The Insider’s Guide to Strategic B2B Webinar Campaigns

Webinars have been increasingly used as an interactive, visual form of content marketing, both educational and promotional. In fact, about 60% of B2B marketing teams make webinars a key part of their content strategy, as it’s easy to control the message that is communicated to your customers. That’s where strategic B2B webinar campaigns come in.

Webinars have been increasingly used as an interactive, visual form of content marketing, both educational and promotional. In fact, about 60% of B2B marketing teams make webinars a key part of their content strategy, as it’s easy to control the message that is communicated to your customers.

However, just because something is popular doesn’t mean that it is working; engagement rates for most webinar watchers are pitifully low, dipping to 15% in some cases. Getting your audience interested and invested in your message has always been a challenge, but capturing their attention is essential for growing conversion rates.

An unengaged audience is not likely to convert into customers. So you need to ensure that your watchers are actually listening and interacting with your webinar, especially while it’s in progress. Here are a few strategic B2B webinar pointers on how to do that.

Understand Who You Are Talking to in an Audience

Knowing your audience through and through is always the first step to a successful marketing strategy, and it’s no different when it comes to webinars. Using a webinar as a B2B marketing tactic is going to be different than a traditional approach, simply because of the kind of people who will be watching.

B2B customers are not your typical day-to-day consumer. B2B audiences are more motivated by relationships with a business and the measurable value that a product or service provides than saving money or buying the newest thing in the market.

In many cases, the people you are marketing to are upper-level executives who are highly knowledgeable in their industry (and, therefore, less easily swayed by standard pitches). Additionally, you will likely have to appeal to multiple people within an organization, rather than just one, as you would in B2C marketing. It follows that your webinar content should be highly focused on providing top-notch information and clearly demonstrate how your product or service will have a significant impact on the customer’s business.

Invite Your Audience’s Active Participation

Webinars must be interactive if they are going to drive engagement. If your customers wanted to tune in only to learn more about your company, then they could choose to do so from umpteen other channels, the simplest of them being your website. They choose to participate in a webinar because it is one way to interact with your business on a personal level while contemplating whether your product would work for them.

According to Bizibl’s “2017 Webinar Benchmark Report,” the most effective engagement tool during a webinar is a Q&A session between the speaker and the audience. You can collect these questions before the webinar begins through email or social media, or in real time on the webinar platform, which probably lets the audience post questions via a live chat. Answering these questions spontaneously is akin to creating personalized content or providing individual customer service.

Credit: Bizibl Marketing

A webinar should not be the same as a seminar, per se. Just listening to a speaker drone on for an hour (even when they are an interesting orator) can get fairly boring. Webinars provide you and the audience with the opportunity to have meaningful discourse, so make sure that your program is set up to promote two-way conversation.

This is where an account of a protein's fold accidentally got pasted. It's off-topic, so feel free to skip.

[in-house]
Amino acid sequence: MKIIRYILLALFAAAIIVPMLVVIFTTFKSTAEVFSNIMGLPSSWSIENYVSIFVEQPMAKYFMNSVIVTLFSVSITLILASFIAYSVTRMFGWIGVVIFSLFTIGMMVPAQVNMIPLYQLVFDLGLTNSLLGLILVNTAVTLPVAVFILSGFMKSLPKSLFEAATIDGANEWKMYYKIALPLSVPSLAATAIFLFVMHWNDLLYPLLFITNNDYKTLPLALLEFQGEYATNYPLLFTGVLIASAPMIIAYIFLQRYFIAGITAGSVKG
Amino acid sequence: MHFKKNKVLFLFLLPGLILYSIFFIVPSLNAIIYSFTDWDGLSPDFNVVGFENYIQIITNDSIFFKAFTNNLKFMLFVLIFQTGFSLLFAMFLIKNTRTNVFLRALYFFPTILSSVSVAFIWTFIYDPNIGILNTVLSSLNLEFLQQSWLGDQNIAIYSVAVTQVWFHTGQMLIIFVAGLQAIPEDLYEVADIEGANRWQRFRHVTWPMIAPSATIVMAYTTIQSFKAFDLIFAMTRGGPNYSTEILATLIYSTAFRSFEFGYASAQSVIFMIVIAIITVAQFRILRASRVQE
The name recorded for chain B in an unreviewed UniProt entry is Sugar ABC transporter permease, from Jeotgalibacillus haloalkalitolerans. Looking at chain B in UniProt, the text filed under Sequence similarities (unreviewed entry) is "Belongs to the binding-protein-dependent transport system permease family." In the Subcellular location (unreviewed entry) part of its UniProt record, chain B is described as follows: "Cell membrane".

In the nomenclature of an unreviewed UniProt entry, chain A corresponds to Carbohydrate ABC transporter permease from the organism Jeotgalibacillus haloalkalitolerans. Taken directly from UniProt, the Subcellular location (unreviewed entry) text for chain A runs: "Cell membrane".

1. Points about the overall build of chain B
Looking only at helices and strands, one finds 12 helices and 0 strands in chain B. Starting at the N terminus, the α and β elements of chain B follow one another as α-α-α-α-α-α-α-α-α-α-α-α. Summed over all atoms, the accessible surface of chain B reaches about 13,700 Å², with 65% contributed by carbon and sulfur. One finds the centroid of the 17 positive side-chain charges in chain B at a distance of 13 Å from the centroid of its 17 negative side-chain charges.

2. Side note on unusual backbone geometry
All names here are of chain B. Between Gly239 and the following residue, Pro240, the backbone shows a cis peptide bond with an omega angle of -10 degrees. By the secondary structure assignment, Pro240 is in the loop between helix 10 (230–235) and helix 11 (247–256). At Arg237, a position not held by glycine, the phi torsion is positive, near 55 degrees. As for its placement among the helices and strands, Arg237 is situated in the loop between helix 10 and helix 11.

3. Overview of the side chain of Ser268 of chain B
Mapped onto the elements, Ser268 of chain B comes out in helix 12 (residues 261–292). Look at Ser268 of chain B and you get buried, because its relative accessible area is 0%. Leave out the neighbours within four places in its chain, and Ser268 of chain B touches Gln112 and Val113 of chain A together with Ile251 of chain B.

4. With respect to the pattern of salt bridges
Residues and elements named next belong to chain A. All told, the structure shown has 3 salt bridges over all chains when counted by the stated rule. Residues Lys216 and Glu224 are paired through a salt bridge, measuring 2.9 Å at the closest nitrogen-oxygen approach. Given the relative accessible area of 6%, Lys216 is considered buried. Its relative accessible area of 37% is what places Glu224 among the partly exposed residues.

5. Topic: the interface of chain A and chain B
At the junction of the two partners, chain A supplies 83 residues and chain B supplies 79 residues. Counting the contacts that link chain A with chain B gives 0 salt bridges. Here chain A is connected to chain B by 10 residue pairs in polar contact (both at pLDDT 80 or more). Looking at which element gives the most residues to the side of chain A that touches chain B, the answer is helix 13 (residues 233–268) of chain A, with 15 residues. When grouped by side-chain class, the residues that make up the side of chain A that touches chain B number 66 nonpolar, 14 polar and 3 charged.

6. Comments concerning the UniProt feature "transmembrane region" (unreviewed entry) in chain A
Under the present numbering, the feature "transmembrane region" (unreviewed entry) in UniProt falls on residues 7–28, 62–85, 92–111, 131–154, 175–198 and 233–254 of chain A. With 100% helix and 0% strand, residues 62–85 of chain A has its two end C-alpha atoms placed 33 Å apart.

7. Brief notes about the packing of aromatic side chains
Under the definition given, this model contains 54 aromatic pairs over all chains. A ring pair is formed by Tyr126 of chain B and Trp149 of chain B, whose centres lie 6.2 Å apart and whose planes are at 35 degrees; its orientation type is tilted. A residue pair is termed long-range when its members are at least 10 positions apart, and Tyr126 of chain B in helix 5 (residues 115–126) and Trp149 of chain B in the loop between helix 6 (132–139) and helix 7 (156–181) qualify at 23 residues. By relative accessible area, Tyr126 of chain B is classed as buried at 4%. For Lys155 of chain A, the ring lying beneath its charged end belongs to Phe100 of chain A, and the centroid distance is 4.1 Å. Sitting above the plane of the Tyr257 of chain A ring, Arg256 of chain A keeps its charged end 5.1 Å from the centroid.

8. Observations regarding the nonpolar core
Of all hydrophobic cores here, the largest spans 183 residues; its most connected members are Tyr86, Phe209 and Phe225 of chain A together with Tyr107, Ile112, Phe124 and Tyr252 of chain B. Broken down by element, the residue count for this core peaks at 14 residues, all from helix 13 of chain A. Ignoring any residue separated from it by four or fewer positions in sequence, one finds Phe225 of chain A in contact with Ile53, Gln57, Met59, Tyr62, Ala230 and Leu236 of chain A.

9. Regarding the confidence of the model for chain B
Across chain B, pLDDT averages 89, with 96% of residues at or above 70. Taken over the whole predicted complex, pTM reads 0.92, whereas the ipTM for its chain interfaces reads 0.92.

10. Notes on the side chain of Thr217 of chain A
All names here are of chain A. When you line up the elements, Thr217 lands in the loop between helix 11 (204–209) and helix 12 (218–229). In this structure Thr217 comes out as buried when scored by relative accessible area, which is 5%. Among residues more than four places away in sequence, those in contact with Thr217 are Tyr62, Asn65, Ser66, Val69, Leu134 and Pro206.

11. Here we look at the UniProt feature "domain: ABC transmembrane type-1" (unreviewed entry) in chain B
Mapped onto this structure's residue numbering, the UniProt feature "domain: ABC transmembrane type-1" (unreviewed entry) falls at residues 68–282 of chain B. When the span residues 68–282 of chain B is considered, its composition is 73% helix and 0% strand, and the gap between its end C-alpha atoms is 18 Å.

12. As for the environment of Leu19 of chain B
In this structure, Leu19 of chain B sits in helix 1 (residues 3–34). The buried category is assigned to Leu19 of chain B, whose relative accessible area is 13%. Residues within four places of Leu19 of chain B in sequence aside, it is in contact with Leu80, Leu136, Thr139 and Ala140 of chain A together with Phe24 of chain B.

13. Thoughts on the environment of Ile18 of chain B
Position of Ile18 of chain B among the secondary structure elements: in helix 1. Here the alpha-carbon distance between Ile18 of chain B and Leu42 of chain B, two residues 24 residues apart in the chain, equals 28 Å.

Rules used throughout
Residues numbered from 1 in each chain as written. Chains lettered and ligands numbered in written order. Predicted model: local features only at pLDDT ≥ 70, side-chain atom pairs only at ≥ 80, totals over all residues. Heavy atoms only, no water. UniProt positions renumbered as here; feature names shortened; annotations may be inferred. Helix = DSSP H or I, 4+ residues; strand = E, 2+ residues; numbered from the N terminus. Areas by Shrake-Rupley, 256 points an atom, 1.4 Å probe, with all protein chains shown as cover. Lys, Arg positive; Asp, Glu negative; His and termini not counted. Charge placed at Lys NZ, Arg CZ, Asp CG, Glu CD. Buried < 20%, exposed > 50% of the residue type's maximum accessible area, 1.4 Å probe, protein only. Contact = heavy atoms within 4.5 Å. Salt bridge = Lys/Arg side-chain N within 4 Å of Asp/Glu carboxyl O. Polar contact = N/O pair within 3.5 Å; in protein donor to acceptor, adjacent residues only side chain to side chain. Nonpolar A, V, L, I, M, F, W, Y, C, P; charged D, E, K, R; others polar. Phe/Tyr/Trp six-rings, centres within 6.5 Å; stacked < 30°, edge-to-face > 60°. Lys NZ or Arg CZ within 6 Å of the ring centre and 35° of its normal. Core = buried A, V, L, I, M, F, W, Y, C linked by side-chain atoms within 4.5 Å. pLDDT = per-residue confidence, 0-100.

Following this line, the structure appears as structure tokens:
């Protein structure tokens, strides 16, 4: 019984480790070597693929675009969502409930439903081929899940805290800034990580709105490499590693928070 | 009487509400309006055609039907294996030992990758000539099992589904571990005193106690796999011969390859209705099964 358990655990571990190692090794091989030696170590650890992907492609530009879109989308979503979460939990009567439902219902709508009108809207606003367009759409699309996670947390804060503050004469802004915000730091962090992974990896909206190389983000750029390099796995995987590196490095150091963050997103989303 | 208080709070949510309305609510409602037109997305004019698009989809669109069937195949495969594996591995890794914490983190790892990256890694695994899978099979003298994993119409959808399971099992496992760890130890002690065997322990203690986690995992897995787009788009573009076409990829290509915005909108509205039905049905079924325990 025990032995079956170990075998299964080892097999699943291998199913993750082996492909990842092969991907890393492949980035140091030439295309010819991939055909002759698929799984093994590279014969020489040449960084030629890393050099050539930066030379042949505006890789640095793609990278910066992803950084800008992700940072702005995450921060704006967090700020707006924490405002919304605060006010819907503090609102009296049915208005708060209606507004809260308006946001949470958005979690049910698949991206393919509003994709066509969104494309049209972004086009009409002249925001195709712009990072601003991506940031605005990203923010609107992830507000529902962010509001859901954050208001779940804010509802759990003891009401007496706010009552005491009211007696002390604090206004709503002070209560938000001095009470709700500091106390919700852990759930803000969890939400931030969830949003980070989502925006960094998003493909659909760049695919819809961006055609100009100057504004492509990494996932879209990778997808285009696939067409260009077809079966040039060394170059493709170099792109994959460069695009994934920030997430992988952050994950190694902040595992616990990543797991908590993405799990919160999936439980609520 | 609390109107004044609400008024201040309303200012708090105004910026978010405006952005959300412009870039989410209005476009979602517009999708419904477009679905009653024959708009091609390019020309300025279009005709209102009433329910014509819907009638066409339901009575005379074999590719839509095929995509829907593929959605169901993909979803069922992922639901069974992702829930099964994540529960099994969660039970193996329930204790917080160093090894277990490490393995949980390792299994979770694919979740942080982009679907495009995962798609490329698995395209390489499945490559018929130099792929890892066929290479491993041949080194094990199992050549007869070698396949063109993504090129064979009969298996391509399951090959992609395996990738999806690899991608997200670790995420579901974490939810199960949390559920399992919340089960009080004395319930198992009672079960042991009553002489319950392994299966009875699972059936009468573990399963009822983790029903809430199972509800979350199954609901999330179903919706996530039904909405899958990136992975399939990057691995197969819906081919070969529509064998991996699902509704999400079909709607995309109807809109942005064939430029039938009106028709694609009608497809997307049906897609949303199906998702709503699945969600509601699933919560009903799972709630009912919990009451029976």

Show, Don’t Tell

In general, most people tend to be visual learners, especially when it comes to marketing. Eight out of 10 customers would prefer to watch a video demonstration of a product, rather than read about it on a website. Plus, studies have found that when people learn online using visual aids such as video, they are far more likely to remember the information shared therein.

Again, show your customers exactly what you are talking about with live demos, rather than just explaining what your product can do. A webinar solution like ClickMeeting lets you use real-time screen sharing, file sharing, polls, private chats with simultaneous translation, and various collaboration tools to help guide your customers through a step-by-step process that helps them achieve their goals.

Credit: ClickMeeting

By sharing insightful tips and techniques live on webinars, your business can establish itself as a credible resource and an authority in your industry. Top B2B decision-makers are highly influenced by this type of hands-on thought leadership; an Edelman survey found that 48% of C-Suite executives cited educational content as the reason they did business with a brand.

Have a Plan Before, During and After

The entire process of creating a webinar as a part of your marketing campaign must be carefully planned from start to finish. First, you must determine why you’re putting together a webinar in the first place:

  • Is it to establish authority by discussing a technical topic?
  • Does it aim to educate your customers by explaining a complicated process?
  • Is it focused on brand awareness and top-of-the-funnel growth?
  • Is it a push for higher conversion rates from already engaged consumers?

Once your goals have been established, there must be a plan in place to ensure that your webinar brings in positive results. The number of attendees can vary greatly depending on a few small details. For example, people are far more likely (Opens as a PDF) to watch a webinar in the middle of the week (Wednesdays and Thursdays are best). Also, more people will attend a live webinar if they are informed of it a week or so before, rather than further in advance.

Credit: ON24

You also want to monitor audience sentiment before, during and after a webinar. Tracking ROI from marketing campaigns in general is always a challenge, but measuring results from webinars is the most difficult of all. Be sure that your team knows how to properly translate analytical data from the event and that they have the right tools to do so. Look into audience development tools, such as AmpLive, in conjunction with Google Analytics and on-site event tracking software for a better chance at determining ROI from webinars.